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Prevacid (Lansoprazole) Against Gastric Acid

Last updated on: November 16, 2020

Prevacid (Lansoprazole) Against Gastric AcidLansoprazole (Prevacid / Takeda-Abbott Pharmaceutical) has received marketing approval for short-term treatment of active duodenal ulcers and esophagitis and for long-term treatment of gastric hypersecretory conditions such as Zollinger-Ellison syndrome. The drug is the second proton-pump inhibitor, following omeprazole (Prilosec / Astra Merck), approved in 1989. Like omeprazole, lansoprazole inhibits gastric acid production by the parietal cells of the stomach. It relieves symptoms and promotes healing of ulcers and esophageal erosion.

Prevacid is administered as capsules containing enteric-coated granules of lansoprazole. It is absorbed rapidly, reaching peak plasma concentrations within about 1.7 hours. Bioavailability exceeds 80%. In healthy subjects, mean plasma half-life is 1.5 hours. Food diminishes peak plasma concentration and the area under the concentration-time curve (AUC). Lansoprazole is 97% bound to plasma proteins. The drug undergoes extensive hepatic metabolism. Despite a short plasma half-life, the inhibitory effect of the drug on gastric acid secretion lasts about 24 hours.

In a clinical trial involving 284 patients, healing rates after 2 weeks for duodenal ulcers were 42.4% with 15 mg lansoprazole/day, 35.6% with 30 mg/day, and 39.1% with 60 mg/day, compared with 11.3% for placebo. After 4 weeks, the respective healing rates with lansoprazole were 89.4%, 91.7%, and 89.9%, compared with 46.1% for placebo. In a second trial with 280 patients, the healing rates at 4 weeks with lansoprazole were 92.3% with 15 mg/day and 80.3% with 30 mg/day, compared with 70.5% for 300 mg ranitidine and 47.5% for placebo. (Lanza F et al. Am J Gastroenterol. 1994; 89: 1191-1200.)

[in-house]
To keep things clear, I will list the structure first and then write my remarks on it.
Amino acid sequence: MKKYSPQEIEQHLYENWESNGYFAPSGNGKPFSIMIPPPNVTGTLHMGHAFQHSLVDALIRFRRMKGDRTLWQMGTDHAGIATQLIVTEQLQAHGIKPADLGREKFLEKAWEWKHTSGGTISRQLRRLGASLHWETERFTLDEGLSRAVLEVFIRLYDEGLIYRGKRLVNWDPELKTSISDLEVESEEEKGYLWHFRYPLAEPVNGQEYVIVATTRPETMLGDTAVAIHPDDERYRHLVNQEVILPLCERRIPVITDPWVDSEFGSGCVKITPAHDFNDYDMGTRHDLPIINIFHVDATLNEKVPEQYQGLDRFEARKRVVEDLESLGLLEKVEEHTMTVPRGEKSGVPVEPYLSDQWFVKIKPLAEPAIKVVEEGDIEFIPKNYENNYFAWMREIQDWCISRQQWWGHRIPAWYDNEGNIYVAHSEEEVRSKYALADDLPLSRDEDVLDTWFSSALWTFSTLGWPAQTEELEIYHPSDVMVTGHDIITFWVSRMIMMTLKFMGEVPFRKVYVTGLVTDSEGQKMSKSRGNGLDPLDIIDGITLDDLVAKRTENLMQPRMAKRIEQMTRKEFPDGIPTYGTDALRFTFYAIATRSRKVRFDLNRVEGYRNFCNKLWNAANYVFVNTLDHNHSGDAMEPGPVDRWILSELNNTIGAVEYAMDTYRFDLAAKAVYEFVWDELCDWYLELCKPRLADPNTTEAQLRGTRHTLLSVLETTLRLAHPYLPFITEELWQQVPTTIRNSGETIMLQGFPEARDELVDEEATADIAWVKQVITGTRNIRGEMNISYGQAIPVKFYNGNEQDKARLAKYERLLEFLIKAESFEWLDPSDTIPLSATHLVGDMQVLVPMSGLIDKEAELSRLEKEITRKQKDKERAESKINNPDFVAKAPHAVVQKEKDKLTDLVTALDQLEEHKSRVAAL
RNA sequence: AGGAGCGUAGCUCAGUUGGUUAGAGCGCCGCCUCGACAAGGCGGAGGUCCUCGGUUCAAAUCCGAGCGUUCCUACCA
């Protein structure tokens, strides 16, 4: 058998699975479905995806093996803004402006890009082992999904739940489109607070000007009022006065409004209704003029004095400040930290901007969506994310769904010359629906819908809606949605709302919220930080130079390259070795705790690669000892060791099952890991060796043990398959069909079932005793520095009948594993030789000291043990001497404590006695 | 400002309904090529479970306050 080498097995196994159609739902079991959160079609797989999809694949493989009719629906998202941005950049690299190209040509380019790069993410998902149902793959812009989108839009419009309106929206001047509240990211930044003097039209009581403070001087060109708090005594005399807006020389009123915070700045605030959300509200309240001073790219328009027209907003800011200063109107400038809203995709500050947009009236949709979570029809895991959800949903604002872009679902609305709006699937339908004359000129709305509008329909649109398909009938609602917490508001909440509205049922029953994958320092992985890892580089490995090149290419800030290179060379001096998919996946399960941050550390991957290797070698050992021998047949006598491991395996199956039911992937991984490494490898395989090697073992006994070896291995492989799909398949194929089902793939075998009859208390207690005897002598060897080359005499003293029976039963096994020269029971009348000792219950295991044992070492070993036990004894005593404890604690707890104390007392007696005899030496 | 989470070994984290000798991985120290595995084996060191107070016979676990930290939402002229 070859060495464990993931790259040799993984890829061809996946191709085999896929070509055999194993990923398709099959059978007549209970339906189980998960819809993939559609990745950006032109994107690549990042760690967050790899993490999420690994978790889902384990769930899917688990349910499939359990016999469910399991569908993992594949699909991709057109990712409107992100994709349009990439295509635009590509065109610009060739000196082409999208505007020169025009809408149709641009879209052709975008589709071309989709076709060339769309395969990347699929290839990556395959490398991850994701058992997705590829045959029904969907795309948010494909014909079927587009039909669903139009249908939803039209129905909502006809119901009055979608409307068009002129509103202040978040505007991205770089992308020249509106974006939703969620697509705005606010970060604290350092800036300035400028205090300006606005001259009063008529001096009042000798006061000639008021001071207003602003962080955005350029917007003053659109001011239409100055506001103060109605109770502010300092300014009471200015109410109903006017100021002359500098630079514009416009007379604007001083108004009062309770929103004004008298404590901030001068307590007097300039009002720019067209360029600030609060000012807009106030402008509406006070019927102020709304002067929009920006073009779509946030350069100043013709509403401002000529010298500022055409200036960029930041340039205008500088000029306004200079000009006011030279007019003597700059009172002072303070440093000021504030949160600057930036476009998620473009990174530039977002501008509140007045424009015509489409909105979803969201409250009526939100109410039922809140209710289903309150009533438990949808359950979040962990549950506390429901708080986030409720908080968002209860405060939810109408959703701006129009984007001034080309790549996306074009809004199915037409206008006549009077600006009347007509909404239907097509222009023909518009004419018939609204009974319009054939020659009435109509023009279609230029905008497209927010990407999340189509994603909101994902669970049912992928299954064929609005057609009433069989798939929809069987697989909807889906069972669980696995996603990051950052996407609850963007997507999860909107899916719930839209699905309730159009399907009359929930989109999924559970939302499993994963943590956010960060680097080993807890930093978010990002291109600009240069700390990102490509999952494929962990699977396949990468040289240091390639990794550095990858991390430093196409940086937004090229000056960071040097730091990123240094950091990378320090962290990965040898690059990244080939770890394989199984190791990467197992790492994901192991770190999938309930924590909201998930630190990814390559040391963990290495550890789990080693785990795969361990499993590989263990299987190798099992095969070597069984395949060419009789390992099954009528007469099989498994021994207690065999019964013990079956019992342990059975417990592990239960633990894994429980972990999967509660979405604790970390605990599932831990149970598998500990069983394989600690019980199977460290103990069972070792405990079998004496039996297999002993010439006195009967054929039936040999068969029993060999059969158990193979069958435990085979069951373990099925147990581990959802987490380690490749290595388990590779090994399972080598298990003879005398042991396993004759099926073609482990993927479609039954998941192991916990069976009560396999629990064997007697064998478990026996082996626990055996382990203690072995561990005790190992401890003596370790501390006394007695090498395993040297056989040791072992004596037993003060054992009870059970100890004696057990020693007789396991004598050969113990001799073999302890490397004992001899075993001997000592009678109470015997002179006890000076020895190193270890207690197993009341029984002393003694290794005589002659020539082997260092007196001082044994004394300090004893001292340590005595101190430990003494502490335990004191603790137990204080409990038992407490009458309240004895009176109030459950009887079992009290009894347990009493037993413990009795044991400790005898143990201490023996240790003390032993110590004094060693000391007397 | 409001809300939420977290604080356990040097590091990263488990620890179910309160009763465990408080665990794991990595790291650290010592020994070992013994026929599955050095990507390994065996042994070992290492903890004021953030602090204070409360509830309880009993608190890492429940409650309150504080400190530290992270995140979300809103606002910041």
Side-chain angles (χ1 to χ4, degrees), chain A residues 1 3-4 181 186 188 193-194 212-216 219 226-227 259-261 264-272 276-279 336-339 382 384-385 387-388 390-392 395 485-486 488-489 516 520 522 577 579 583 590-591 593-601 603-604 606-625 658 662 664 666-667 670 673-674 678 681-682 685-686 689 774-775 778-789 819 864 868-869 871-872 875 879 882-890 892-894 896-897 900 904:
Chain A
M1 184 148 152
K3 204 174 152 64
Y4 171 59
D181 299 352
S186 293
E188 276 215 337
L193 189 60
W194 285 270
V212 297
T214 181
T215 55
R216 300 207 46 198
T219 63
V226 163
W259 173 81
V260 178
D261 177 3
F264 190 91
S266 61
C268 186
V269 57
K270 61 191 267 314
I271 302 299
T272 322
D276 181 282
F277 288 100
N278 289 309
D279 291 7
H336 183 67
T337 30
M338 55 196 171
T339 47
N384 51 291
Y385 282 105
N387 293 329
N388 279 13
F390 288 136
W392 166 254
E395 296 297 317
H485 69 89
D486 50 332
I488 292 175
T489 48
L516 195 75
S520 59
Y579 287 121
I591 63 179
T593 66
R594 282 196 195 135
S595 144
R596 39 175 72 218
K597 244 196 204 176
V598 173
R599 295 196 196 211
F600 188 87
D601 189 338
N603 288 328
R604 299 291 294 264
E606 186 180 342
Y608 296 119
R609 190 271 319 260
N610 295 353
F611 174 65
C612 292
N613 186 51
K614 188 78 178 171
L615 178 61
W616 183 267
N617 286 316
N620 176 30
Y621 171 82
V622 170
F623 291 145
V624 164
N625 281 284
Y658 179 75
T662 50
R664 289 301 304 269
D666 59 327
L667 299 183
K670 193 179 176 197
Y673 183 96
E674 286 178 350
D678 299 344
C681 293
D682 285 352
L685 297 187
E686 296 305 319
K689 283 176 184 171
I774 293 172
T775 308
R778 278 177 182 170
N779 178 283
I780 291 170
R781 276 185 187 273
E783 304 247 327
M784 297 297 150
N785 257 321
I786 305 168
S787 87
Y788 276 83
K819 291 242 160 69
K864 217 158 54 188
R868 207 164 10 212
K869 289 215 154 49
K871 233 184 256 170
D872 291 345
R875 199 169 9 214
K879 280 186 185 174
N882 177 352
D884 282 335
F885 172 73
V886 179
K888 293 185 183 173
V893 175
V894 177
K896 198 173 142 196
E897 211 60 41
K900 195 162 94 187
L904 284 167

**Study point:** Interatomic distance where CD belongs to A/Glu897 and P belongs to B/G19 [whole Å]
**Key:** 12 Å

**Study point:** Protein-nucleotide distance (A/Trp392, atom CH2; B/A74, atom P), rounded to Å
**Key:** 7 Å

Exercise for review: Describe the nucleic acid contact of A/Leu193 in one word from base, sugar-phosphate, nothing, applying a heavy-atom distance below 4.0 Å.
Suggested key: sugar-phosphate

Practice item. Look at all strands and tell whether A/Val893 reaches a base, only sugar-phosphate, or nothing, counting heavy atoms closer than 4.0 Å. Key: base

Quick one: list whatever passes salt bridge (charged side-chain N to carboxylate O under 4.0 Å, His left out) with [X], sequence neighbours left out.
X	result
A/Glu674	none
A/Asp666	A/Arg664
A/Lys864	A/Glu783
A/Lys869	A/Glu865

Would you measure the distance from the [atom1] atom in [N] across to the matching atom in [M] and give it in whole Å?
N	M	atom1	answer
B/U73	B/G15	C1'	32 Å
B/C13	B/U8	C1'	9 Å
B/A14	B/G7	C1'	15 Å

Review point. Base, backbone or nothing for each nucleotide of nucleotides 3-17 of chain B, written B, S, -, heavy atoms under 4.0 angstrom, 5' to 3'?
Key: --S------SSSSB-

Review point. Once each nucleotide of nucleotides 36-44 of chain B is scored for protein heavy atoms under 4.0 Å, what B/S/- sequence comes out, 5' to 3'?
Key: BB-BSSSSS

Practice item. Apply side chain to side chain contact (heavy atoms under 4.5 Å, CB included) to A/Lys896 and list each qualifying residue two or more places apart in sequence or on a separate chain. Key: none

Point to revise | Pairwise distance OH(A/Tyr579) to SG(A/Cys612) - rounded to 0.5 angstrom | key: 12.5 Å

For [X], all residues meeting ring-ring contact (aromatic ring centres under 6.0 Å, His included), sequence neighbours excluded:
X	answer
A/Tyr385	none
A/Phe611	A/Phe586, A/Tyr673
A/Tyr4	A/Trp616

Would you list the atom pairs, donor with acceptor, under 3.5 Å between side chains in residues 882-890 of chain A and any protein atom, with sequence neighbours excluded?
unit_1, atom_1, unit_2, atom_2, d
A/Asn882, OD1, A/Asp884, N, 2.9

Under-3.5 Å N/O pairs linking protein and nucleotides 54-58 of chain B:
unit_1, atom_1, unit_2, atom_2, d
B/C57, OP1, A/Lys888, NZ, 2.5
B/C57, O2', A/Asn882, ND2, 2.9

In a trial of lansoprazole in 269 patients with erosive esophagitis, the healing rate at 8 weeks ranged from 90.9% with 15 mg/day to 95.4% with 30 mg/day, compared with 52.5% for placebo. In another trial the healing rate was 92.1% with 30 mg/day, compared with 69.9% for ranitidine 150 mg twice a day. Lansoprazole has been found to promote healing in more than 80% of patients in whom initial treatment with H2-receptor antagonists had failed.

Lansoprazole has been well-tolerated in clinical use. Adverse events occurring in more than 1% of patients have included abdominal pain (1.8%), diarrhea (3.6%), and nausea (1.4%). Lansoprazole does not interact with other drugs, but coadministration with sucralfate can slow and reduce absorption of lansoprazole.

Prevacid is supplied as 15-mg pink-and-green capsules and 30-mg pink-and-black capsules. The recommended adult dosage for duodenal ulcers is 15 mg daily before eating, for 4 weeks. The recommended dosage for erosive esophagitis is 30 mg daily before eating, for up to 8 weeks. If healing does not occur, or if erosive esophagitis recurs, an additional 8 weeks of treatment may be helpful. For hypersecretory conditions, an initial dosage of 60 mg a day is recommended, with adjustments to suit individual patient needs. Doses greater than 120 mg a day should be given in divided doses.

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